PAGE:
Snowfall totals range between 80 and 140 inches in typical years with the average being about 105 inches. The permanent snow cover lasts from November or December into April. Rarely is the ground completely bare in January, February, or March. The maximum depth usually occurs in February or early March and can be anywhere from 2 and one half feet to 4 and a half feet or even more on rare occasions. In February, occasional warm days and cold nights start sap moving, and most maple syrup producers tap their trees at this time. In March, substantial snow falls, but warmer days steadily reduce the pack. This is the peak syruping time. By the time the tree buds swell toward spring, runs are diminished and the last runs can taste of the buds themselves and be less desirable.
Snowfall is destributed across the average season as follows:
- October 1 inch
- November 7 inches
- December 22 inches
- January 27 inches
- February 26 inches
- March 19 inches
- April 3 inches
The heavy snowfall assures the popularity of winter sports. There are no ski resorts in the immediate vicinity, but cross country skiing, snomobiling, and snowshoing are popular.
Precipitation averages are fairly steady across the year, but wide year-to-year variations occur. Averages range from a low of 2.65 inches in February to highs of 3.75 in June, September and November. Figures in the table below are in inches.
- January 3.60
- February 2.65
- March 3.46
- April 3.50
- May 3.60
- June 3.75
- July 3.40
- August 3.28
- September 3.75
- October 3.65
- November 3.75
- December 3.50
The area is cold and snowy in the winter, but it is not the coldest or snowiest region of North America or even of the United States. Minneapolis-St. Paul gets less than half our amount of snow, but is several degrees colder in the winter. And the twin cities are hotter in the summer, being fully under the continental influence. Syracuse has the reputation as the snowiest major city on the North American continent. Their snowfall totals average about 10 inches more than ours. But Syracuse is warmer. The January average is in the low to mid 20s, so there are occasional warm spells sufficient to melt the snow.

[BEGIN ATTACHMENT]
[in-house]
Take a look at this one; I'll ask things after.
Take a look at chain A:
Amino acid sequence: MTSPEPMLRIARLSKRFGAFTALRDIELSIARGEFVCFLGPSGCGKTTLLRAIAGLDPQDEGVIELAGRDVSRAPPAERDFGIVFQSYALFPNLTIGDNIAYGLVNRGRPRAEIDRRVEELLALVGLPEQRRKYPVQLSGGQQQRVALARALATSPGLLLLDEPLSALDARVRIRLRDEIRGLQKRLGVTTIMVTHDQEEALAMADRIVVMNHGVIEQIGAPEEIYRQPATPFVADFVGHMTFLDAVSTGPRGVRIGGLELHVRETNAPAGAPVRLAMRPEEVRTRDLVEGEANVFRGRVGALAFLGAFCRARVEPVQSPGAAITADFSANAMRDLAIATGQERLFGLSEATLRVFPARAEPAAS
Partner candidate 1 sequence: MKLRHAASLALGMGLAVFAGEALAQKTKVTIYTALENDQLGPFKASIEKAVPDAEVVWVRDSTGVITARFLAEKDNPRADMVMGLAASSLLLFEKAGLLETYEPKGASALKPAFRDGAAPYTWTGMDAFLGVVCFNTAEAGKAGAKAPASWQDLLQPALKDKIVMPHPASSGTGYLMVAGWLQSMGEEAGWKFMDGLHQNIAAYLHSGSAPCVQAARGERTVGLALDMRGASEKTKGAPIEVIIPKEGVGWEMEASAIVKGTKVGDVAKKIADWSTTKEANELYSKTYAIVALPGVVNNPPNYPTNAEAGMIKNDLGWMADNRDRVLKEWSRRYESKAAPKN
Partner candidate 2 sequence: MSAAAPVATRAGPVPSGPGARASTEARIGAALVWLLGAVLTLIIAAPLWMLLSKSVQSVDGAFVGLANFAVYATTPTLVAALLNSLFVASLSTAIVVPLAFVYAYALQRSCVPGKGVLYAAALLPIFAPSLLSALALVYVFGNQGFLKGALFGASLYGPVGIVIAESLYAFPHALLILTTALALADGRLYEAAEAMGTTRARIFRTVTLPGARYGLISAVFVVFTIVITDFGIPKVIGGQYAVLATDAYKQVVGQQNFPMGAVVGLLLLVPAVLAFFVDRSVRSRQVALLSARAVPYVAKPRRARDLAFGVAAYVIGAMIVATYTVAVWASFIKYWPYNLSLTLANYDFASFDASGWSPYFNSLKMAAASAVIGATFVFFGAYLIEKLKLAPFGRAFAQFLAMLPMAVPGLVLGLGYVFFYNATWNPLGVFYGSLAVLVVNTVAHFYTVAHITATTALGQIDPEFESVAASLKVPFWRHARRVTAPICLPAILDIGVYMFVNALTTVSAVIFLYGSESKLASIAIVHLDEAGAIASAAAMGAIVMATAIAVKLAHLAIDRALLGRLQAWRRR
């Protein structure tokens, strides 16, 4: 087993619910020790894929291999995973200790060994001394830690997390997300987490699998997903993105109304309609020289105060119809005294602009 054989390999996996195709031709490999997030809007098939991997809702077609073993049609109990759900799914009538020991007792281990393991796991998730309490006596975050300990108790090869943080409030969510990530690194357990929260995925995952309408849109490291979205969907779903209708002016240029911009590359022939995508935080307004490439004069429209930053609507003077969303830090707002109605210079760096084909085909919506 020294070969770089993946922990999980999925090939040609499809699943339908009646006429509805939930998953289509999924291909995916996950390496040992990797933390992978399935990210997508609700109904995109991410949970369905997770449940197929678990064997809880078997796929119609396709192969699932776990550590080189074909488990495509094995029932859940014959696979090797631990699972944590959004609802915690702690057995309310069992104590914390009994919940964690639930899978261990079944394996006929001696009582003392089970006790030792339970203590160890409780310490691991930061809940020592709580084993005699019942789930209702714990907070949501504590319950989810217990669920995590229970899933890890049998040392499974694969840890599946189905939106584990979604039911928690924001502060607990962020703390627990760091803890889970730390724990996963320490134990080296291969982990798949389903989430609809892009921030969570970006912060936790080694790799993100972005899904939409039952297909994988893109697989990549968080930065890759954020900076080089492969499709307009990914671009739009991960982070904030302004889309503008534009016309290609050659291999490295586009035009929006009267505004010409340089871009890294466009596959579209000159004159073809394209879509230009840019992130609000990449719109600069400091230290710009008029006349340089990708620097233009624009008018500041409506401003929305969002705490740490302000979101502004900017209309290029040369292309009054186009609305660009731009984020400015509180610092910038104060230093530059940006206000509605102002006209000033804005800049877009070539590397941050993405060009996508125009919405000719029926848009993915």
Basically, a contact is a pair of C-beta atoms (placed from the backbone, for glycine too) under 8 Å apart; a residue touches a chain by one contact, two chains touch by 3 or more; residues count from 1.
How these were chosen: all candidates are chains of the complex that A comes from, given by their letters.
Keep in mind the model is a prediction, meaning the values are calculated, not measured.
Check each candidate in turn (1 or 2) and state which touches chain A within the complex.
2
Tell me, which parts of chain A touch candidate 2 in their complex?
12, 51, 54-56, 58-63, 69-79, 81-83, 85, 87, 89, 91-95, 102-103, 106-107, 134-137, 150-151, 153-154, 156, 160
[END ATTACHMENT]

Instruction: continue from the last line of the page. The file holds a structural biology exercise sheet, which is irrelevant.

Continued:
Washington, DC is a dozen degrees hotter in the summer and perhaps 20 degrees warmer in January. DC gets less than 20 per cent as much snow as we do. Miami is even hotter than Washington in the summer and perhaps 50 degrees warmer than we are in January. And guess how much snow they get? About the same amount as San Diego gets. None. The Pacific coast is warmer in all seasons except for spots in Northern California and part of Oregon that are under the influences of currents that keep summers cool. The coastal region is cooler in the summer than the interior and warmer in the winter. The maratime influence, again. Portland, Oregon, at about our lattitude gets little snow and has rarely recorded sub zero temperatures. We, on the other hand, have thirty to forty days per year with sub zero temperatures.
The interior regions of the continent have considerable variation between summer and winter. Where our variation is about 50 degrees, Minneapolis-St. Paul varies by over 60 degrees. This effect becomes less pronounced as you travel south. By the time you reach the Gulf coast, July averages are generally over 80 with day time highs in the 90s for months. January average highs are close to 60 with snow and freezing weather a rarity.
The Rocky Mountains are likely to have earlier and later snows than we have, but except for favored slopes, less total snow. Extreme temperatures are more frequent, but for most areas averages are milder than ours. Albuquerque averages 34 in January, 79 in July. Denver’s averages are 30 for January, 74 for July. Helena’s January is just slightly milder than ours at 20 degrees. July is just slightly warmer at 69.
Of course, if we want to compare with extremes, there are places in mountainous areas that average over 200, even over 300 inches of snow per year. Places in the high arctic and antarctic, on the other hand, may average less than 2 inches per year because they are so dry. Fairbanks averages minus 10 in January, 63 in July. Yellowknife, capital of Canada’s Northwest Territories, averages close to minus 20 in January. Places in Sibera average around minus 50. None of these places get as much snow as we do, but probably don’t need snow to remind the inhabitants that it is winter.